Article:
With Thanksgiving arriving tomorrow, many U.S. families will share reasons why they are thankful while dining on plump turkeys and pumpkin pie.
Advocates of online poker and gambling who are hoping to see regulation spread throughout the U.S. have another reason to add to their list of gratitude. That being that Sheldon Adelson and his Coalition to Stop Internet Gambling (CSIG) have been dealt a setback in their efforts to impose a federal ban on igaming.
Adelson was pushing for the “Restoration of America’s Wire Act” (RAWA) to get a hearing in Congress during the lame duck session before 2015. And while the billionaire casino mogul often gets his way, it appears on this matter he will not.
Rumors were flying recently that the reason that PokerStars has not yet been approved by gaming regulators in New Jersey is due to the clout that Adelson has among Republican politicians — a clout that is directly related to his deep pockets. Whether there is truth to those rumors remains a matter of speculation, but one thing is for sure, and that’s that a number of individuals and groups have recently spoken out against the 81-year-old and his efforts to ban online poker and gambling.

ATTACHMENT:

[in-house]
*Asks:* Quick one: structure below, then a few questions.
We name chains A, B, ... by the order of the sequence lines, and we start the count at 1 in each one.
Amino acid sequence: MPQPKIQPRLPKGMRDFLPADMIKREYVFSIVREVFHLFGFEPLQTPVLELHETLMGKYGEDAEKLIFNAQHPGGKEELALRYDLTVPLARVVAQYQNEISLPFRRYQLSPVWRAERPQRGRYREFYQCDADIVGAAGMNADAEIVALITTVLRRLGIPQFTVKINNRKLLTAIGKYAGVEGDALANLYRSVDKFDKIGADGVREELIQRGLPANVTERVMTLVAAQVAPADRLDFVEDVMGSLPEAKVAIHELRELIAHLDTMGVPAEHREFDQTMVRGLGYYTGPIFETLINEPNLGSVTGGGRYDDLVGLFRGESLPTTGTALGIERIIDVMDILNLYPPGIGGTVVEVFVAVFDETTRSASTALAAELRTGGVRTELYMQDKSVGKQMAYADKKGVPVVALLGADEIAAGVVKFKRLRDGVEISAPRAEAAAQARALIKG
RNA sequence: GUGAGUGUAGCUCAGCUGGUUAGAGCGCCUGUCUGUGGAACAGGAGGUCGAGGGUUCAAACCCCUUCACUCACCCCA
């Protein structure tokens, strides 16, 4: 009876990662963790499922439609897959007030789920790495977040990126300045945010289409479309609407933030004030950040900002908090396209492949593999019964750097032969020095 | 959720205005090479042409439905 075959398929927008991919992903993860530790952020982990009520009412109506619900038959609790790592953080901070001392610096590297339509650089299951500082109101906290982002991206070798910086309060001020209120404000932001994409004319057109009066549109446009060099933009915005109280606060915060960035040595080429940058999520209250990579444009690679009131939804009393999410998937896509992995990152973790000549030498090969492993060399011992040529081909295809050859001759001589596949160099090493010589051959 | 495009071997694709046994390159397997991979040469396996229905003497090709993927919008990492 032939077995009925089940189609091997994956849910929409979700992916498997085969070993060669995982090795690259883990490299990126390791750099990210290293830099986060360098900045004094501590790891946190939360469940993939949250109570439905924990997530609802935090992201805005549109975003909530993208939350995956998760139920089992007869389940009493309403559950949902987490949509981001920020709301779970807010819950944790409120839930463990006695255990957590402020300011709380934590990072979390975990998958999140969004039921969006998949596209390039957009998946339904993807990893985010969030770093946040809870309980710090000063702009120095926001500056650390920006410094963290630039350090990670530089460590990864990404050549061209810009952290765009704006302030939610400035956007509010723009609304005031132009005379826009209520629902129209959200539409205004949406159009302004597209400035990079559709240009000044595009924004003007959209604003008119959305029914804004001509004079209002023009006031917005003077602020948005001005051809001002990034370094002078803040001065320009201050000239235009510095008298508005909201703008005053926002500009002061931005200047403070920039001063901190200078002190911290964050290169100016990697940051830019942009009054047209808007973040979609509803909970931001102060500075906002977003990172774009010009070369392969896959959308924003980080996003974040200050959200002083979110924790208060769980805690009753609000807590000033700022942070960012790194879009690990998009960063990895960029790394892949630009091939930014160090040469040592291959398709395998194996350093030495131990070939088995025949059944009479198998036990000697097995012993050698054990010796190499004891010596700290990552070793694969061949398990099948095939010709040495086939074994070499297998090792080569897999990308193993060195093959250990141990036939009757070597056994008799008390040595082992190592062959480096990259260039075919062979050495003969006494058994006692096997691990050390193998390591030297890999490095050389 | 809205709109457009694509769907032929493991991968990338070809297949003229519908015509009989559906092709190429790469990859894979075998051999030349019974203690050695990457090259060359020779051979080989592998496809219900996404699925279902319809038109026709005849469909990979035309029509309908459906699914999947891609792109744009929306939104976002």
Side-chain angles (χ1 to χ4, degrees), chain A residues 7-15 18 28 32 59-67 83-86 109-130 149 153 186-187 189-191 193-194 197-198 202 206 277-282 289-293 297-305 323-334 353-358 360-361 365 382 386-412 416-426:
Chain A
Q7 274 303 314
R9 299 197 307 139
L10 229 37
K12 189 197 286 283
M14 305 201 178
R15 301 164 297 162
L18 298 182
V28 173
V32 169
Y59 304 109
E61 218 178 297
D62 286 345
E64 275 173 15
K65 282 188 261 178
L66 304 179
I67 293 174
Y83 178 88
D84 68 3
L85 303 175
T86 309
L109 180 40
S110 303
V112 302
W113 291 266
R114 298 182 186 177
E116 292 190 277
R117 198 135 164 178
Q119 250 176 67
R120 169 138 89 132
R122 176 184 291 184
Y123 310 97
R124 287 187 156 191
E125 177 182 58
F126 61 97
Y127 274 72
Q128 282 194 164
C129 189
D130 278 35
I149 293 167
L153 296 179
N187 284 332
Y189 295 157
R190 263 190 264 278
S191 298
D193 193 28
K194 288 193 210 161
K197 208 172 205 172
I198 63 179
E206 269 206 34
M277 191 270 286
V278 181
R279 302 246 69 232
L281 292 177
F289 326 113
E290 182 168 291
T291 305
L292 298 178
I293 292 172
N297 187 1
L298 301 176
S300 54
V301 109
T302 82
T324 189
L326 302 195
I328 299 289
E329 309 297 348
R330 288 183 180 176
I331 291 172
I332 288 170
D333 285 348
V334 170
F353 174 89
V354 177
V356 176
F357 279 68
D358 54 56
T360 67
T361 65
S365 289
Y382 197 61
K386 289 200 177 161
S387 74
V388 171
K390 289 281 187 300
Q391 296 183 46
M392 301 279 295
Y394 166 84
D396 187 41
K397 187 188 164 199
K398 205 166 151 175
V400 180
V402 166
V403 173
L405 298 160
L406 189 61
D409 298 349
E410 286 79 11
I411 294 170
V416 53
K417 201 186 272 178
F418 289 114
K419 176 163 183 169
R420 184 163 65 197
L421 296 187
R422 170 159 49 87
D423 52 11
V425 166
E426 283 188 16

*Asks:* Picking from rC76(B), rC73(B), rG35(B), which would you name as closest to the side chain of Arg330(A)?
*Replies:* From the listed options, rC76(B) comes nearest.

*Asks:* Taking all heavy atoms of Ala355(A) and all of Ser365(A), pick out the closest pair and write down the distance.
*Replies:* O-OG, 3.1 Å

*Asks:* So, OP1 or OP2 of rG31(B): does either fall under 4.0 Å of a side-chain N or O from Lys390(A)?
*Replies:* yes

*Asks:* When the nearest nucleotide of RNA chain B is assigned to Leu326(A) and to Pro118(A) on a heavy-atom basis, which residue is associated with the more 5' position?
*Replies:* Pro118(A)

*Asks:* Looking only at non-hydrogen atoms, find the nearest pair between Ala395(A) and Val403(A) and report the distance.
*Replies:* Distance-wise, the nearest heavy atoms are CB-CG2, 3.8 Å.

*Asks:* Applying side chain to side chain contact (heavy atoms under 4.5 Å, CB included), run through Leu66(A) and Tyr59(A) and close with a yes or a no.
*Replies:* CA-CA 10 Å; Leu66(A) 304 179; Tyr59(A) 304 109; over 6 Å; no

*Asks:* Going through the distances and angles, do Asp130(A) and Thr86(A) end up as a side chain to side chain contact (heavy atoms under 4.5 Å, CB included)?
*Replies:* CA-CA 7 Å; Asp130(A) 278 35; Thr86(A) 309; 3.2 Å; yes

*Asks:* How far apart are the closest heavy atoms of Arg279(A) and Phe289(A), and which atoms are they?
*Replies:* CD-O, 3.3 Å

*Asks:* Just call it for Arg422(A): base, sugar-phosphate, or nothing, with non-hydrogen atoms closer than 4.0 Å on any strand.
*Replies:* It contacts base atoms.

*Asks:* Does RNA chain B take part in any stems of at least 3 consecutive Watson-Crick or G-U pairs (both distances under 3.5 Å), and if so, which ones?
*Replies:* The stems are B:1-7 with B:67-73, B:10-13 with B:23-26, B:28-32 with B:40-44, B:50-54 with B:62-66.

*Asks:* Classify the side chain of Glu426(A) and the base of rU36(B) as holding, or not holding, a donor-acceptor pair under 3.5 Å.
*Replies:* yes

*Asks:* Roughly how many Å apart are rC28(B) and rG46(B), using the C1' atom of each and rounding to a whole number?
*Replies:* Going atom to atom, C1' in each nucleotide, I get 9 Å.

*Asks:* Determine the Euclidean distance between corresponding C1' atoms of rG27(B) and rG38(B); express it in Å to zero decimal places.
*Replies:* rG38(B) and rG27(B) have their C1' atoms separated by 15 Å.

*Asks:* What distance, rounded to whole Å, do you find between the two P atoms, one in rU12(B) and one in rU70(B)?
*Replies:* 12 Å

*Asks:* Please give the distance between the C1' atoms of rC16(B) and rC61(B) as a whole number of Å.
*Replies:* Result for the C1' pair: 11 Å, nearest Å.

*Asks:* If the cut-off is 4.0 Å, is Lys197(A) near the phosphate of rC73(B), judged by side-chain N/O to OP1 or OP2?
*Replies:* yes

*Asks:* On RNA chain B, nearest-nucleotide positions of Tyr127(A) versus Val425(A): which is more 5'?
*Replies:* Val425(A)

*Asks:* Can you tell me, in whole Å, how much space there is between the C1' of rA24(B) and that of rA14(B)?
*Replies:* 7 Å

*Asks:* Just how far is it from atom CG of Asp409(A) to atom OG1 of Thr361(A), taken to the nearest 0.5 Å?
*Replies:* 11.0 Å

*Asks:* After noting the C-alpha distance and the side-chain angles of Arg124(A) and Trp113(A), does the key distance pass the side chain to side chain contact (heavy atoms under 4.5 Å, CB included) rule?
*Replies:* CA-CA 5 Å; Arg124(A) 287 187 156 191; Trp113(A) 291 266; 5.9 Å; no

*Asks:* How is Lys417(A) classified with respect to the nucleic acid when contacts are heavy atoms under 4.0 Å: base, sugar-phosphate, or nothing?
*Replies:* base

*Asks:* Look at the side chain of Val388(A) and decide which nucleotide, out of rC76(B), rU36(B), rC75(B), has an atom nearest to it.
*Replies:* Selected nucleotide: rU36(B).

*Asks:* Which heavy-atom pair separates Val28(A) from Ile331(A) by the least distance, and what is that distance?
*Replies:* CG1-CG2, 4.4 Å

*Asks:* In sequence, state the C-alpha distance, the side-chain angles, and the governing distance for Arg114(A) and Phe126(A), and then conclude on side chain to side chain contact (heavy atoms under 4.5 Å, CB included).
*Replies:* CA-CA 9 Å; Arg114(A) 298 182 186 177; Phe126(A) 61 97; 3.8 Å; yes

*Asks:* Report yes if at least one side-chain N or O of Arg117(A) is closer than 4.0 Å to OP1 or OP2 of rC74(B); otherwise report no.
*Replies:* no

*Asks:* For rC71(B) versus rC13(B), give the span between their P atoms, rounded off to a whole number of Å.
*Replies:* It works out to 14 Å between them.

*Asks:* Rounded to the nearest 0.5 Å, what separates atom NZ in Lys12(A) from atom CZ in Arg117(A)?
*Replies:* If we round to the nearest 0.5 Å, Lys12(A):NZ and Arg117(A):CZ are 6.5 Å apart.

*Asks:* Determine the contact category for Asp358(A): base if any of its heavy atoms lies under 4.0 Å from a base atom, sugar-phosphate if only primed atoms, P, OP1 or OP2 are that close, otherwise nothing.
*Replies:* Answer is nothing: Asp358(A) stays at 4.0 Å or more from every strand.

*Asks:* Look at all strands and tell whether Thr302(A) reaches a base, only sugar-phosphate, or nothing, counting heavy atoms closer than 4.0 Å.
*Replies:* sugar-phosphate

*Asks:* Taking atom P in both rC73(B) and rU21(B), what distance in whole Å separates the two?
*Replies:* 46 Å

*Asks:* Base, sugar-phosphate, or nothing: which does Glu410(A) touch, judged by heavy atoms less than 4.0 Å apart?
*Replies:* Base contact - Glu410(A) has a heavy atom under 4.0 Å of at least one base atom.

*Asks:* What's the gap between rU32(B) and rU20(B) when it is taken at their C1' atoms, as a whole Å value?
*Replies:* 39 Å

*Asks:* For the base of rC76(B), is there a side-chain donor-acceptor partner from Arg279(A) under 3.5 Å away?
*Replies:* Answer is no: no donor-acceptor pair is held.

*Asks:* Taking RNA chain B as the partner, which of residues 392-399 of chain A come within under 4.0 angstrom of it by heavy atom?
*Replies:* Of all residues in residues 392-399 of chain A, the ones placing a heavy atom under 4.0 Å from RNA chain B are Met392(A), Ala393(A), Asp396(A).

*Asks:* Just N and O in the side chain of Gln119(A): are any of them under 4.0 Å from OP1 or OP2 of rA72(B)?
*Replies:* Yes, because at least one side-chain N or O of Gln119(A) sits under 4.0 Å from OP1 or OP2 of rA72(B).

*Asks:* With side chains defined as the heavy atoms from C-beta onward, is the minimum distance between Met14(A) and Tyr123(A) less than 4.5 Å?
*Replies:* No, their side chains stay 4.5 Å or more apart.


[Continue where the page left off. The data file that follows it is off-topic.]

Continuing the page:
Former Texas congressman Ron Paul, the National Conference of State Legislatures, the National Governors Association, the Fraternal Order of Police, the Casino Association of New Jersey, and a coalition of a dozen other groups headed by the American Conservative Union and the Institute for Liberty have all voiced their opposition to the Las Vegas Sands CEO.
That coalition recently sent a letter to Congress opposing RAWA and advising that the Pennsylvania and New Jersey legislatures have drafted resolutions that do the same. Pennsylvania has progressed further than other currently unregulated states and appears poised to perhaps join New Jersey and the other two igaming regulated states next year.
The voices against RAWA have apparently been heard loud and clear –at least for now. That’s not to say that congressional committees won’t ever take a closer look at the federal bill (RAWA) proposed by Sen. Lindsey Graham and Rep. Jason Chaffetz last March. But odds are now favorable that the calendar will turn to 2015 without that happening.
Adelson didn’t get to where he is today by rolling over and calling it quits when things don’t go his way. And his resolve to do whatever it takes to wipe out online poker and gambling is likely still intact. But for those wishing to see igaming regulation continue to move forward in the U.S., it is heartwarming to see that the CSIG has taken a hit as of late.